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Historic Vega Still Afloat After 100 Years

By James Donahue

When the 150-foot sailing ship Vega was launched at Norway in 1892, her builder, Ola H. Nerhaus boasted that the ship was the best and strongest wooden hulled vessel he ever built. He also boasted that he believed the Vega was a "lucky ship." After over a century at sea the Vega remains afloat even today, a historical classic among the tall ships.

The ship was especially designed to carry heavy loads of building material like concrete, bricks, stone and iron in the arctic waters of the Baltic for a cement factory owned by Johan Carlsson in Dagerhamn, Sweden. The vessel’s frame and keel were made of solid oak.

At the time the Vega was built Sweden and Norway were operating as a single government, and the Norway shipyard was producing a fleet of vessels for owners in both countries. But there was a nasty split between the two nations in 1905 when Vega was moored in Sweden. Because of political issues, Norwegian built ships were prohibited from being either exported or imported to Sweden.

Carlsson devised a clever plan to circumvent the silly political feud and keep Vega sailing. His brother-in-law, Alfred Olsen, owned a new shipyard in Bergkvara, Germany. So Vega was loaded with a cargo for Bergkvara. After unloading the ship was brought to the Bergkvara shipyard where it was partly torn apart. Then they said, "with a nudge and a wink," the German inspectors condemned Vega and declared it a total loss.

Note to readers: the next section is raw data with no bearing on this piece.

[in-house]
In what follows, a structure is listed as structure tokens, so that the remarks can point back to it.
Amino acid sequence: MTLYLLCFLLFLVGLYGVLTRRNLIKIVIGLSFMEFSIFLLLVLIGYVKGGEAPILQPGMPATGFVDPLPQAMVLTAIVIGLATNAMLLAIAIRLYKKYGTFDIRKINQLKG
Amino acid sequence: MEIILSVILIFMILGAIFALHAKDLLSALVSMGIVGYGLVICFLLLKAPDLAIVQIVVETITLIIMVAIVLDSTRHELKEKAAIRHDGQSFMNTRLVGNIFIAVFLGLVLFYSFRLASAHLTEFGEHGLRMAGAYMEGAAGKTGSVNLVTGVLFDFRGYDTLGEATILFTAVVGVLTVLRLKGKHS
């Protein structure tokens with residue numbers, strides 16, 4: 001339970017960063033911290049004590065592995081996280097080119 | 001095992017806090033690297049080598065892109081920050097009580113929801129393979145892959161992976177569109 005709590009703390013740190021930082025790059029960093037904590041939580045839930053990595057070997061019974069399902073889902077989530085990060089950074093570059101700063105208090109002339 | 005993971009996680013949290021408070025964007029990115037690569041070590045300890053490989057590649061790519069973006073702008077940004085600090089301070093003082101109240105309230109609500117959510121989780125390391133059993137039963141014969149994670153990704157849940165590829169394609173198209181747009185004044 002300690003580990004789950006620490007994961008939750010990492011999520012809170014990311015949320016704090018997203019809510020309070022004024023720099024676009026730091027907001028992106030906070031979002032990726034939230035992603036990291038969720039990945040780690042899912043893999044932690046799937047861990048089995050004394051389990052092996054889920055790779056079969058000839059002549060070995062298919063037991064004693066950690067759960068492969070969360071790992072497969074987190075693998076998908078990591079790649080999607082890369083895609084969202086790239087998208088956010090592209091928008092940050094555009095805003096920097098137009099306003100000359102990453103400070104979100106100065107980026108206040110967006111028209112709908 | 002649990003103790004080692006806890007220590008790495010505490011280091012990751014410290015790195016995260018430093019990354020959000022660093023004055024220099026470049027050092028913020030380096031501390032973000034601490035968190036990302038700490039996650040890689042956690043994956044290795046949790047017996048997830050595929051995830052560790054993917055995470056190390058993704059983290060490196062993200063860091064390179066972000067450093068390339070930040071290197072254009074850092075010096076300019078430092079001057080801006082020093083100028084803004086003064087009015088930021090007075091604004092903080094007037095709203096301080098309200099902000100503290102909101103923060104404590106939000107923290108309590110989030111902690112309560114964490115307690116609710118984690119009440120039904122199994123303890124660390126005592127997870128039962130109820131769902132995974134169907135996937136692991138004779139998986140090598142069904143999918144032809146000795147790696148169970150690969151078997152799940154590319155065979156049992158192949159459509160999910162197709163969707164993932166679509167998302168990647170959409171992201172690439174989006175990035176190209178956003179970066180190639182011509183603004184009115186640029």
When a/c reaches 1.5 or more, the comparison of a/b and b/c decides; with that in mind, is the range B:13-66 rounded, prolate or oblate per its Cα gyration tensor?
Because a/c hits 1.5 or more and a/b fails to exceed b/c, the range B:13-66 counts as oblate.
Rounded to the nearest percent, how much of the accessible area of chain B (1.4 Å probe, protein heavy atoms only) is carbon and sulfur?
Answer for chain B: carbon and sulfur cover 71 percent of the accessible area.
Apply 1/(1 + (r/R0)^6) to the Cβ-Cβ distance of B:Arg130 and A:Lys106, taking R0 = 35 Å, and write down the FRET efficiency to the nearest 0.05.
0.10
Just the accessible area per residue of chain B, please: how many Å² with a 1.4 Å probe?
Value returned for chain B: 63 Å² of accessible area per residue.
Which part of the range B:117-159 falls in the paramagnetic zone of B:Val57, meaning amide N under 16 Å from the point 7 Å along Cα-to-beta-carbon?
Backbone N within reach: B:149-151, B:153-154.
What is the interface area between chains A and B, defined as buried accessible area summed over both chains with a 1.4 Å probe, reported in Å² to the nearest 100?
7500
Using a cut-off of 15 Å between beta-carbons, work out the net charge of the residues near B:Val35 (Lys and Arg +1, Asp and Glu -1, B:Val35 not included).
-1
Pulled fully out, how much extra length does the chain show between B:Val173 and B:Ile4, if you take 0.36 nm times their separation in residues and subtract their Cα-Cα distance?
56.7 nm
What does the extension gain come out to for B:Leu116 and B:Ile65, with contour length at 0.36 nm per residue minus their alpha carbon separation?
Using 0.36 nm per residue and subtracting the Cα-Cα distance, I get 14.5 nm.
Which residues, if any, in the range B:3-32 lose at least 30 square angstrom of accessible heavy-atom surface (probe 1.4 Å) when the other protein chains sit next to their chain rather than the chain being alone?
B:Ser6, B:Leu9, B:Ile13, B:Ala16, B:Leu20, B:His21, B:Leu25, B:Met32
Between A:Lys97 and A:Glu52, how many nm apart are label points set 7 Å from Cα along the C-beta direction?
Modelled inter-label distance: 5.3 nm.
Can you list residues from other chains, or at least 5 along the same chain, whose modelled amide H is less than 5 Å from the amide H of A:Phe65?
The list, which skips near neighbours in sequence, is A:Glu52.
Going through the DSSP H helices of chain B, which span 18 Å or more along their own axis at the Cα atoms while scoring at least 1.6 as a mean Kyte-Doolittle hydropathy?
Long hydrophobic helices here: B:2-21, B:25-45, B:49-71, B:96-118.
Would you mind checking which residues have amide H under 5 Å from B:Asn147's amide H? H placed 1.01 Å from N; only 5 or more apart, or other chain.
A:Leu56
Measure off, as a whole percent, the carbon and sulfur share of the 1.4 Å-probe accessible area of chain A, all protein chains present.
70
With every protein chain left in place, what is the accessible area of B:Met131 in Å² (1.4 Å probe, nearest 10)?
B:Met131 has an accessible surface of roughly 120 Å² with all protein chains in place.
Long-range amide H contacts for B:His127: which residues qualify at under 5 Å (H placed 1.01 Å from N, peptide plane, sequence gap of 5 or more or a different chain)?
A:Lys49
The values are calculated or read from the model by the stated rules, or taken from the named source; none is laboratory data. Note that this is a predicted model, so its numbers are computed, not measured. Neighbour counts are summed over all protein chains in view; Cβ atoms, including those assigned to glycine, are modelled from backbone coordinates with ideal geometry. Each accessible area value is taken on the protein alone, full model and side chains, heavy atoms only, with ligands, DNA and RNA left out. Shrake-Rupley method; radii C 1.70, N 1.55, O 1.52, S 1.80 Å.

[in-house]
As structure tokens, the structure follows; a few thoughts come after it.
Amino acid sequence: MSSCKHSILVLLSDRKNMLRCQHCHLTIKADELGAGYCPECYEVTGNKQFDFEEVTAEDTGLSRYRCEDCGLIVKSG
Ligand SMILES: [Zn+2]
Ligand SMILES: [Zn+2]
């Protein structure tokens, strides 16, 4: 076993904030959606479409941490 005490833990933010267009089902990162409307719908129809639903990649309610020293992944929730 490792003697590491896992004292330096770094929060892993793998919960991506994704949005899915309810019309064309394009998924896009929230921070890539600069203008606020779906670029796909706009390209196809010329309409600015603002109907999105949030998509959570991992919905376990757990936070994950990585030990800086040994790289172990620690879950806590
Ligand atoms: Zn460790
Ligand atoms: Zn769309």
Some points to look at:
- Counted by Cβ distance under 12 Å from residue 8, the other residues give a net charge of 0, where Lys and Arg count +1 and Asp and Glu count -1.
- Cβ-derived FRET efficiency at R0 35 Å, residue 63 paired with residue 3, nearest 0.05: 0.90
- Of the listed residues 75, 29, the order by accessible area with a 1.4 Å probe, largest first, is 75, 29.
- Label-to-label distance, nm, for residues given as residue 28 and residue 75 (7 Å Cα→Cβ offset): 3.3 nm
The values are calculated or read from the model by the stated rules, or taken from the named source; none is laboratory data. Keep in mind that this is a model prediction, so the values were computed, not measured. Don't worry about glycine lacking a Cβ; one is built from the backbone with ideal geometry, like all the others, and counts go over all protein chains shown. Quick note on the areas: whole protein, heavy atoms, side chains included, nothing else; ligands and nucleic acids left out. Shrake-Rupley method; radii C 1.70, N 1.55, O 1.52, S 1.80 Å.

By the following spring Vega emerged from the shipyard as a rebuilt and modified ship and even equipped with steam power. The new Vega of Berkvara was then legally accepted by the Swedish register of shipping.

Operating under the Swedish flag, Vega operated successfully for the next 80 years, hauling building material and even heavy machine and ship's engines all over the Baltic Sea. The ship went through various upgrades, with her rigging sometimes changing. And it was said the Vega sometimes traveled to North America, the Caribbean, Mediterranean and West Africa.

Vega was found in 2002 abandoned and deteriorating in the Canary Islands. The old ship was purchased by Captain Shane Granger and Meggi Macoun, who have been involved in a complete restoration and putting the ship through a complete refit. Since the old ship was put back to sea in 2009, it has been busy carrying medical teams and supplies and other materials to isolated island communities of Eastern Indonesia. Because of its small size it can slip in and out of island harbors where the larger steamships cannot go.

Support for Vega comes from volunteer crew members, private interests and copanies that provide the farm, medical and educational supplies and pay for the ship's yearly operating costs.

For more information about this amazing ship and the work it is doing to to